Over a period of some 30 years, we have seen the concept of strategy evolve. Aaker (1995) provides a historical perspective showing how this evolution has progressed and acknowledges that strategic activity has been described over the years as:

● Budgeting: Early strategic activity was concerned with budgetary and control mechanisms. Structured methods of allocating, monitoring and investigating variances from budget provided a means of managing complex processes

● Long-range planning: Here greater emphasis was placed on forecasting. Planning systems and processes tended to extrapolate current trends (with varying degrees of sophistication) and predict factors such as sales, profits and cost. Management could use such forecasts as a basis for decision making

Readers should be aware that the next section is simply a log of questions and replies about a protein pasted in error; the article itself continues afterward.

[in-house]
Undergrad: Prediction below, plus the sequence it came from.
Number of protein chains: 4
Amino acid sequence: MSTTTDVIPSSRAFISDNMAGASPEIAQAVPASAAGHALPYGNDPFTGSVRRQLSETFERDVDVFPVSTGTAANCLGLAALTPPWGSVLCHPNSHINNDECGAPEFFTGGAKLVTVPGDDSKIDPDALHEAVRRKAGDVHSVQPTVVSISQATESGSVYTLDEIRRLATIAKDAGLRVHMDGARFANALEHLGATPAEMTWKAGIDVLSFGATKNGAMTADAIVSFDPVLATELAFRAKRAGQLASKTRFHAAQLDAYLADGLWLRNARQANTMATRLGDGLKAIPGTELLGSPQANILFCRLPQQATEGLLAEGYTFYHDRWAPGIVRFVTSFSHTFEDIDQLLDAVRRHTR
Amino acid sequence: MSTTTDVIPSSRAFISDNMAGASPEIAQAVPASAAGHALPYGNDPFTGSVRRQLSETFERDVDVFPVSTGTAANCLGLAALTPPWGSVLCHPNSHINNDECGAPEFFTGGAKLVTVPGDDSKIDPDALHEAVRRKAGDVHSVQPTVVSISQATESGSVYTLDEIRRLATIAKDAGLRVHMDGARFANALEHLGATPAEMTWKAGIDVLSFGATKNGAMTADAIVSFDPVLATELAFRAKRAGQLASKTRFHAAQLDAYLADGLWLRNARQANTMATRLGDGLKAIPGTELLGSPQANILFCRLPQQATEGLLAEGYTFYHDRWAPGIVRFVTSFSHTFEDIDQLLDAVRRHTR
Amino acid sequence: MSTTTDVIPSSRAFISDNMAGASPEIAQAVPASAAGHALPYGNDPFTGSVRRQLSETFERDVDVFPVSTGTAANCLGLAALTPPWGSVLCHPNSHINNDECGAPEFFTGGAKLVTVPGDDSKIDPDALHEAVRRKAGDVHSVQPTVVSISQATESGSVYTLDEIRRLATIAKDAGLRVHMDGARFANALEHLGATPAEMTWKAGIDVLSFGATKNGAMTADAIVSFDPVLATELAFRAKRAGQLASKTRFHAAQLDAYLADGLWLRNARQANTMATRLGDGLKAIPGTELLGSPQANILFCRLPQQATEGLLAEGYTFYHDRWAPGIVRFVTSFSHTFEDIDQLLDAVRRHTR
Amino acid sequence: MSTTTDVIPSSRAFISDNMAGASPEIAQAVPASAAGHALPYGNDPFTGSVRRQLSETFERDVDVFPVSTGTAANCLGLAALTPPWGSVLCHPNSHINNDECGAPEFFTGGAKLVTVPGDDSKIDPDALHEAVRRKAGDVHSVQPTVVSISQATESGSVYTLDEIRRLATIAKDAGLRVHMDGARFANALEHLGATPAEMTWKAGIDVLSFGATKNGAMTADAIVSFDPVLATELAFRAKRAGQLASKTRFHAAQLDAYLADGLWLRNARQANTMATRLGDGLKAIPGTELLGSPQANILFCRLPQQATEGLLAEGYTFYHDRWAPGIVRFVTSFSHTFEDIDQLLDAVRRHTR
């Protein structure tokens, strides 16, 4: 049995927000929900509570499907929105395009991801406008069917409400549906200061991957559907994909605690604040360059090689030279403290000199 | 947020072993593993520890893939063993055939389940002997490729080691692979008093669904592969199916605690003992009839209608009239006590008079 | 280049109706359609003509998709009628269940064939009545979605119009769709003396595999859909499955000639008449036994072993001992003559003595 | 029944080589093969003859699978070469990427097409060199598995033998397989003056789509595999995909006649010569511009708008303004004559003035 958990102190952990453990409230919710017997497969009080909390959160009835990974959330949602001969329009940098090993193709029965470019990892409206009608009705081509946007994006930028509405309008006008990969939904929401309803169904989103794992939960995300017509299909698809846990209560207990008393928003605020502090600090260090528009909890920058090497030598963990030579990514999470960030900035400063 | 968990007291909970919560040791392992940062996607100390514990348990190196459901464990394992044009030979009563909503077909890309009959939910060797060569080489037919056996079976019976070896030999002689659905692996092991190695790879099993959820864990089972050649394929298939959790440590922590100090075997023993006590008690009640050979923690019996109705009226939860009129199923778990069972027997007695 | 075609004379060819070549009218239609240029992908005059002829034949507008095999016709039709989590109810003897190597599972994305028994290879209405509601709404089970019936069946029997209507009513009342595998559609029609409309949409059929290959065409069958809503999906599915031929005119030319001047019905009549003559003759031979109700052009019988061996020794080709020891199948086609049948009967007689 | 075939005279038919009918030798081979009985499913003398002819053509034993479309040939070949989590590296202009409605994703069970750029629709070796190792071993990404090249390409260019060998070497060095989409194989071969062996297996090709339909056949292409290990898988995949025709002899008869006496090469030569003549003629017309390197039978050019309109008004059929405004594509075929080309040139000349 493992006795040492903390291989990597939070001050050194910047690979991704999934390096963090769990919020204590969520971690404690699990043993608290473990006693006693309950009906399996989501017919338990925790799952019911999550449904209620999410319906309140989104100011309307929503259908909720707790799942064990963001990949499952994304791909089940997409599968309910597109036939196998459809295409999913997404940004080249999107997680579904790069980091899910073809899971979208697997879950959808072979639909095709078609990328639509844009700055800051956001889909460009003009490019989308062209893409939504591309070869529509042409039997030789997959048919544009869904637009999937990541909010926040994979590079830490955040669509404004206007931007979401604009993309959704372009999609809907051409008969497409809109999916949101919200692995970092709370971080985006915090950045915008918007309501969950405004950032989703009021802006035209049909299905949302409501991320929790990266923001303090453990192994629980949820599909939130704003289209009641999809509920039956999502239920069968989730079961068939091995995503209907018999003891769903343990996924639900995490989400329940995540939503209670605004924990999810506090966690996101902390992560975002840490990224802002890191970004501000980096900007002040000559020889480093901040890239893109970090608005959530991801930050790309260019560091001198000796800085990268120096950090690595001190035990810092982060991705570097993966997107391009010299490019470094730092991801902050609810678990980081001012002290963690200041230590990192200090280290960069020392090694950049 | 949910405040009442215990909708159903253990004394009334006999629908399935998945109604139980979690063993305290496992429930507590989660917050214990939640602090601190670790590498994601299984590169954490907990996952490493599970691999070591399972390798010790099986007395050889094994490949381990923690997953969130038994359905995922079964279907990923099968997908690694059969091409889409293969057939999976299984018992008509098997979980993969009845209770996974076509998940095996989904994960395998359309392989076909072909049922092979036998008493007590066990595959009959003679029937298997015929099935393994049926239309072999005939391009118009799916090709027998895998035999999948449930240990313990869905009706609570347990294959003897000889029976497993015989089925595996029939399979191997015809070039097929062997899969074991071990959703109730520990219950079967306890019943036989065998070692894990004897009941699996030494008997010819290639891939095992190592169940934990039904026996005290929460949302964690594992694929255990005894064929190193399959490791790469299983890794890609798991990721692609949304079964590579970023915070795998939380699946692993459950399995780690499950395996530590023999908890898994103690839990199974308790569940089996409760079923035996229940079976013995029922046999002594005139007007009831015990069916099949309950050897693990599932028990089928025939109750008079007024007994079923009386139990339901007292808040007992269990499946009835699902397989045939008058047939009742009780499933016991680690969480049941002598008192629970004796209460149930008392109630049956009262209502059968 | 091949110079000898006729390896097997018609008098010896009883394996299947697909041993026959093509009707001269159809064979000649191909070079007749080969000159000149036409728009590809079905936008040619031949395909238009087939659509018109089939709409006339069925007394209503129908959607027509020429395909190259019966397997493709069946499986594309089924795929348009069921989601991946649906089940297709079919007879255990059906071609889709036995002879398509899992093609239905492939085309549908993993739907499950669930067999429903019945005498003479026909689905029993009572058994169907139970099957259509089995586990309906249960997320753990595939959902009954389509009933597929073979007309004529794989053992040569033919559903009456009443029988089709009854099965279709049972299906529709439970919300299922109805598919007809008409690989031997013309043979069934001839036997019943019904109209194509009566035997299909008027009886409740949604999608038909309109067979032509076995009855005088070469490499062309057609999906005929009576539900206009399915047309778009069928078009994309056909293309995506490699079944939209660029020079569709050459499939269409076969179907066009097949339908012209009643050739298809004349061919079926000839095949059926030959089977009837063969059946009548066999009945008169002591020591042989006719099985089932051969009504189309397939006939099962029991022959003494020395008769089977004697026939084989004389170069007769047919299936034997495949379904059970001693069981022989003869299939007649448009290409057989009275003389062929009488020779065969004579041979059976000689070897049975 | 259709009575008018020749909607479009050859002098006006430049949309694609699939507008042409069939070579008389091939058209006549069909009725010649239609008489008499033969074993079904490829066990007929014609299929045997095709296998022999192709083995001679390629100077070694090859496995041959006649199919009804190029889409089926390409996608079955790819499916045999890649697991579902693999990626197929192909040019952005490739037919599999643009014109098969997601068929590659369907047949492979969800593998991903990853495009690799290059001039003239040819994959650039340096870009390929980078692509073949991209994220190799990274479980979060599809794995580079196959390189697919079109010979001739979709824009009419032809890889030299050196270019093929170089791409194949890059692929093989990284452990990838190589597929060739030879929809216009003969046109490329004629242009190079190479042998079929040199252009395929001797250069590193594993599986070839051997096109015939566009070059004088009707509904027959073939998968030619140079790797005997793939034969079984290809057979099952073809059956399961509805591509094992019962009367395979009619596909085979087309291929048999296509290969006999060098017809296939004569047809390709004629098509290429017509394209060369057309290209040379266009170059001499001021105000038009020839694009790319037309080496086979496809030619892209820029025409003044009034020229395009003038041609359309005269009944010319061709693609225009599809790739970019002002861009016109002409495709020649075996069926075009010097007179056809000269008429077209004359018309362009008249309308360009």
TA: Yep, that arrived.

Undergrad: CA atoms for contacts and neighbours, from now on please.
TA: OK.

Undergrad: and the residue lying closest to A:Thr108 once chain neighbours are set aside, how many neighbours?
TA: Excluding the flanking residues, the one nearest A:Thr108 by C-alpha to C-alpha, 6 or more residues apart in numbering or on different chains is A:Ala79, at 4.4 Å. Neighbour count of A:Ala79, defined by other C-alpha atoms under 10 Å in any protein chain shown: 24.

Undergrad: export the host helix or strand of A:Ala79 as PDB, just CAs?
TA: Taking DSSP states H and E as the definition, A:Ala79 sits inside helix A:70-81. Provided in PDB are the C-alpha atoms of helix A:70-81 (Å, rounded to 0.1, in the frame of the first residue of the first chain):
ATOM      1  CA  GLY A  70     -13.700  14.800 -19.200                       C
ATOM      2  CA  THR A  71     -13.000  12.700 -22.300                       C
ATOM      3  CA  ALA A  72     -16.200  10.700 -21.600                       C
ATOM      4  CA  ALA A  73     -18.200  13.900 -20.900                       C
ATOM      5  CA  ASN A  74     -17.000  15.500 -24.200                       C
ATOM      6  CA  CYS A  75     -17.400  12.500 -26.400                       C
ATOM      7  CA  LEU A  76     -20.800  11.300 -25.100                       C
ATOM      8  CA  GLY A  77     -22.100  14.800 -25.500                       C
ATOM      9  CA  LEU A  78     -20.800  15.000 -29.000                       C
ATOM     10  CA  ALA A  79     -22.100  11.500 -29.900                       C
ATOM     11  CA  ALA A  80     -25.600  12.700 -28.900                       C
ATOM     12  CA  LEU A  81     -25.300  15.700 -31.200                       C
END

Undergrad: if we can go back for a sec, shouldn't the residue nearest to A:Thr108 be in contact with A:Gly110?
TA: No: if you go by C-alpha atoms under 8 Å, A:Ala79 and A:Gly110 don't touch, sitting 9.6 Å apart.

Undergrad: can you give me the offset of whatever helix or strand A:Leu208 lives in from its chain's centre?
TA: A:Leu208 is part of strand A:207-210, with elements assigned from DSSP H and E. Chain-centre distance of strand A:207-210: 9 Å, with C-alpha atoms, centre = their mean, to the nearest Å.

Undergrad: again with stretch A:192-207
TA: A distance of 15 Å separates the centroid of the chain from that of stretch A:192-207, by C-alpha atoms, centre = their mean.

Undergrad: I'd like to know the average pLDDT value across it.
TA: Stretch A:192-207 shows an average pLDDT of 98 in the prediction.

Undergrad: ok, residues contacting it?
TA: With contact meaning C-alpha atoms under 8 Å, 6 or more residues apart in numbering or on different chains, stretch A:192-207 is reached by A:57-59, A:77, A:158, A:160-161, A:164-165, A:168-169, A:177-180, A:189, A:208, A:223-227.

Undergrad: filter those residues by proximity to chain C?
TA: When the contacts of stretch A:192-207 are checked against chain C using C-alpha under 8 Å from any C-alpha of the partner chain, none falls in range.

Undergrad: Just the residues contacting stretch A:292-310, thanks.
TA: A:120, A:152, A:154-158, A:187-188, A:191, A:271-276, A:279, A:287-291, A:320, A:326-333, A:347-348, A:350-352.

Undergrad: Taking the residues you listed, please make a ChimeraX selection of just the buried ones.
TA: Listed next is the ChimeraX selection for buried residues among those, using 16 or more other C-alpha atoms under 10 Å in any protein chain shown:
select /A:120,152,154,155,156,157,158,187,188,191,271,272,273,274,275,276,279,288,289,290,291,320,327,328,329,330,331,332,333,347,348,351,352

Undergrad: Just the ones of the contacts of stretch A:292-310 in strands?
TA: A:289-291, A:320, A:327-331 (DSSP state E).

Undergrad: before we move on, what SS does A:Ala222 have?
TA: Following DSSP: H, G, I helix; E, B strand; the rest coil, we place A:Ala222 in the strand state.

● Strategic planning: In the  era of strategic planning, great  emphasis is placed on: (i) specifying the overall direction and (ii) centralised control of planning activities. While still based around forecasting and extrapolation of past trends, far greater attention is  paid to understanding the business environment.

● Strategic management: We are currently in the age of strategic management. Strategic management concerns both the formulation of strategy and how such strategy is put into practice. While still undertaking analysis and forecasting, far greater prominence is placed on implementation. The concern is with managing change and transforming the organisation within an increasingly turbulent business environment.